Gradients in CSS
Note: Some of this content has been deprecated in later versions of the standards.
Ten years ago it was quite common to see gradients and reflections on the web. This was all pre-made in an image editor or done with CSS-repeating images, but today it’s possible to achieve the same result using CSS3. Unfortunately it’s currently only supported by WebKit, so you will need a browser such as latest Chrome or Safari to view the effect.
If you plan to use this anywhere, remember the progressive enhancement principle since it will only work in a small subset of available browsers.
The basic usage is:
The first two are quite obvious. Direction is above/below/left/right and offset is the distance between the image and the reflection. But the mask is a bit more interesting. The most common use is a webkit-gradient, another proprietary property. The basic usage is:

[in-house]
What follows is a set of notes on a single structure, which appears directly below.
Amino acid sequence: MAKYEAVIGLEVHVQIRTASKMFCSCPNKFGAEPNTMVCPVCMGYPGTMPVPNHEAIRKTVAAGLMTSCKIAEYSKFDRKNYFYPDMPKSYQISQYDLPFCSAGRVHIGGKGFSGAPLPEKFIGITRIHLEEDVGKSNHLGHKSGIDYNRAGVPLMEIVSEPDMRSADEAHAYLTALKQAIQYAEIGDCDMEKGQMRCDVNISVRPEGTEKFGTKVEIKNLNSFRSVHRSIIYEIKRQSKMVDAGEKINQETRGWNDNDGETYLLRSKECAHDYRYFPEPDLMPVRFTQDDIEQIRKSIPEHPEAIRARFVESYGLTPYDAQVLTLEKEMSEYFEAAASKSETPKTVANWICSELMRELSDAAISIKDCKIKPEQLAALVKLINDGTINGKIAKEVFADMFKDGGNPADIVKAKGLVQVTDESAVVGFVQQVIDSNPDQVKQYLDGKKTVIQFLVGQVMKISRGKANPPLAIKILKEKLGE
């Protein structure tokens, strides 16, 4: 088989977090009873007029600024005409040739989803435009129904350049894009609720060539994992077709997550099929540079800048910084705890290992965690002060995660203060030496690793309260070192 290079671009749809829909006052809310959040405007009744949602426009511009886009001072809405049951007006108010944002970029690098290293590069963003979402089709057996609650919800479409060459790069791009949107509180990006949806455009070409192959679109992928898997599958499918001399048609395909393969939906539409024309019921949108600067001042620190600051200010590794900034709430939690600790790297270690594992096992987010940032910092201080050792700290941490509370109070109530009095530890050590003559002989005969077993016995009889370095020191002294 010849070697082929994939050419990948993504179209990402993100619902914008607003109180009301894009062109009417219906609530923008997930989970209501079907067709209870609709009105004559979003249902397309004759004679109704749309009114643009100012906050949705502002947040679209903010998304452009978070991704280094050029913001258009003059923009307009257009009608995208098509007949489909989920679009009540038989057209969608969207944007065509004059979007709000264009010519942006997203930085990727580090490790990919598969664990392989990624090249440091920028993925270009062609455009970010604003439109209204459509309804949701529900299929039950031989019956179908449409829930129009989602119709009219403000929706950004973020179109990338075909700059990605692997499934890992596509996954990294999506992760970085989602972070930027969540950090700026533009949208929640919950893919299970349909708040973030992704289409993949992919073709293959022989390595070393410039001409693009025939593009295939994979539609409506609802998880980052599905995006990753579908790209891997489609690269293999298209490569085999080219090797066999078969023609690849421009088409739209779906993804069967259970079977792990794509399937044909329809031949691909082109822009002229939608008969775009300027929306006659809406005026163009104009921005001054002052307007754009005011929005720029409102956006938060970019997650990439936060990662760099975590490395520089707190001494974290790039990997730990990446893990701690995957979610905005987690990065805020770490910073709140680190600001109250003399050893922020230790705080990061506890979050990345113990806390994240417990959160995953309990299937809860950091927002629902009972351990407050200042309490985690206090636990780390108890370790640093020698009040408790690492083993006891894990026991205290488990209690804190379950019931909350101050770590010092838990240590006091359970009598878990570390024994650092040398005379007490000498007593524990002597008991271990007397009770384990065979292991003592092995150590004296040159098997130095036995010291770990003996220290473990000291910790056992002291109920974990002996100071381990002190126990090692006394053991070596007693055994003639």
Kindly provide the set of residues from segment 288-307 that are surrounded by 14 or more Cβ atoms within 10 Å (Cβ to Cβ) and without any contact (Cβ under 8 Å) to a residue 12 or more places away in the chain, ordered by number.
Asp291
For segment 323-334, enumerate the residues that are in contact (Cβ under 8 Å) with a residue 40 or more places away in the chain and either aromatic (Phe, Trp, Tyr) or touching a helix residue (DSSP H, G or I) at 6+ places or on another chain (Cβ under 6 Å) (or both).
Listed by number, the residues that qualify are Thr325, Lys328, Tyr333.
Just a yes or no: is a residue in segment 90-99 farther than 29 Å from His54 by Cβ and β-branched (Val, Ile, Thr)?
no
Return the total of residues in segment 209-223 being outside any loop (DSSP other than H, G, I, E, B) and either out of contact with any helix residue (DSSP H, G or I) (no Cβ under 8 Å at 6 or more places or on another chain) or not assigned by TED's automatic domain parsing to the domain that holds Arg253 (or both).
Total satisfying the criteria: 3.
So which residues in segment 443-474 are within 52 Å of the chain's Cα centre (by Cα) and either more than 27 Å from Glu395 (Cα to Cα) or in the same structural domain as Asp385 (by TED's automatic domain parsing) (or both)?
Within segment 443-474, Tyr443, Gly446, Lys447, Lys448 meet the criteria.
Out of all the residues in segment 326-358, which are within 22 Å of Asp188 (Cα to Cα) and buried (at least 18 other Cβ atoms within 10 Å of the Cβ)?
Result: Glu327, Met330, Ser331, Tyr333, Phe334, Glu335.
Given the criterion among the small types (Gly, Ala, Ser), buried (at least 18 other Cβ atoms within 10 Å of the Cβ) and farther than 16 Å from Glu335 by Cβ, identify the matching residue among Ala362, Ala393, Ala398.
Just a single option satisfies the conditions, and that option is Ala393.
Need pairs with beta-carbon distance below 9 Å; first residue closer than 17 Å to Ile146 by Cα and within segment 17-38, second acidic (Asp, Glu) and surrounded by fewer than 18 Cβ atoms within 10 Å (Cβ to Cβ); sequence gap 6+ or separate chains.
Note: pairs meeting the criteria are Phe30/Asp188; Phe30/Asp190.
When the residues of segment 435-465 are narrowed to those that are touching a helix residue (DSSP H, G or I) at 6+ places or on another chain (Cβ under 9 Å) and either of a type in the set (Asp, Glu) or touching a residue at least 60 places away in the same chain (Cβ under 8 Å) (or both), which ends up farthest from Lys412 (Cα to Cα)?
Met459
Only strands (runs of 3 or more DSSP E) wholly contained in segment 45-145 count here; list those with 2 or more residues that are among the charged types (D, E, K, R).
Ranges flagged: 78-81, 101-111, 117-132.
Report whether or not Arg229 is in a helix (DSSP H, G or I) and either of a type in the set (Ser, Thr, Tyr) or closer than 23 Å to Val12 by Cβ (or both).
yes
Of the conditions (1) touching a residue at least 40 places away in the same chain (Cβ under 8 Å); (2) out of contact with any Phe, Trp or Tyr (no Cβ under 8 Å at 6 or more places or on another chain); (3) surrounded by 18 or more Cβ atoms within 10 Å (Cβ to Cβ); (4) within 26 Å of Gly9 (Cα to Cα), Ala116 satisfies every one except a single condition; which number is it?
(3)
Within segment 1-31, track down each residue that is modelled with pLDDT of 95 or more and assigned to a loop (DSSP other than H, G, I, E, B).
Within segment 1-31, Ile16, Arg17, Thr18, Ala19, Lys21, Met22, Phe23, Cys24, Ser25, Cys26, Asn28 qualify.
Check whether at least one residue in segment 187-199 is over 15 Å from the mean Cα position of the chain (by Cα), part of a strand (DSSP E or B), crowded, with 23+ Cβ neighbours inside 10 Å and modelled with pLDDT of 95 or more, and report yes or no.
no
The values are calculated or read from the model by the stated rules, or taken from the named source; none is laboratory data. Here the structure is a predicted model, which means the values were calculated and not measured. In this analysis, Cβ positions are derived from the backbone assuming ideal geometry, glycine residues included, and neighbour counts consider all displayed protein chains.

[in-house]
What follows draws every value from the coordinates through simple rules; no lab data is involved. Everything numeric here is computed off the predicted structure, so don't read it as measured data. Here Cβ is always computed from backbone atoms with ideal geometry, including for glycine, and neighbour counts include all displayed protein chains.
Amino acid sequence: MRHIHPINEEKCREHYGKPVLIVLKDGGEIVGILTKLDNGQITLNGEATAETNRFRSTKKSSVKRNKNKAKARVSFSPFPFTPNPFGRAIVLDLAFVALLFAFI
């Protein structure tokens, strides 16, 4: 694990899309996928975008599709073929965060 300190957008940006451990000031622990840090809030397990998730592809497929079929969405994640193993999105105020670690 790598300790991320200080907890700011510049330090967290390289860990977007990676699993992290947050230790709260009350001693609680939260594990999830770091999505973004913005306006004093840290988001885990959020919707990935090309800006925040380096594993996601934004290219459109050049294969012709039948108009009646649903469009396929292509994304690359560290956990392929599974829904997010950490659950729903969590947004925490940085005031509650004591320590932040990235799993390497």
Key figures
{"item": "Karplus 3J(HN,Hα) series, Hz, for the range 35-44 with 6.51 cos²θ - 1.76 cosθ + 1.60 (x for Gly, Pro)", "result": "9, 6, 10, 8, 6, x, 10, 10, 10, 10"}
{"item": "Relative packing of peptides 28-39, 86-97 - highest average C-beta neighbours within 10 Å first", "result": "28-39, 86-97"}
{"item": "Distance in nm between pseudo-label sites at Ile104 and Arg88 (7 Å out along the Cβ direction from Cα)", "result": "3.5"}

It’s easier than it looks. Type is is either linear or radial, point is a pair of values (numbers, percentages or keywords). Radius is used for radial gradients and the rest is starting/stopping point and from/to color – better understood with an example:
If we apply this style to an element it will look like this:
The gradient is linear and goes from top left to right bottom, where the color goes from white to black. It is also possible to use color-stop in the middle:
Which will render a nice bar:
Let’s apply a gradient mask to the reflection:
It is perfectly valid to use an image as mask, if you could find any practical use for such a thing. And even HTML5 video!
In short, it may not be the most useful thing in the world, but it’s nice to get rid of any superfluous images to reduce loading page loading time and the number of HTTP requests.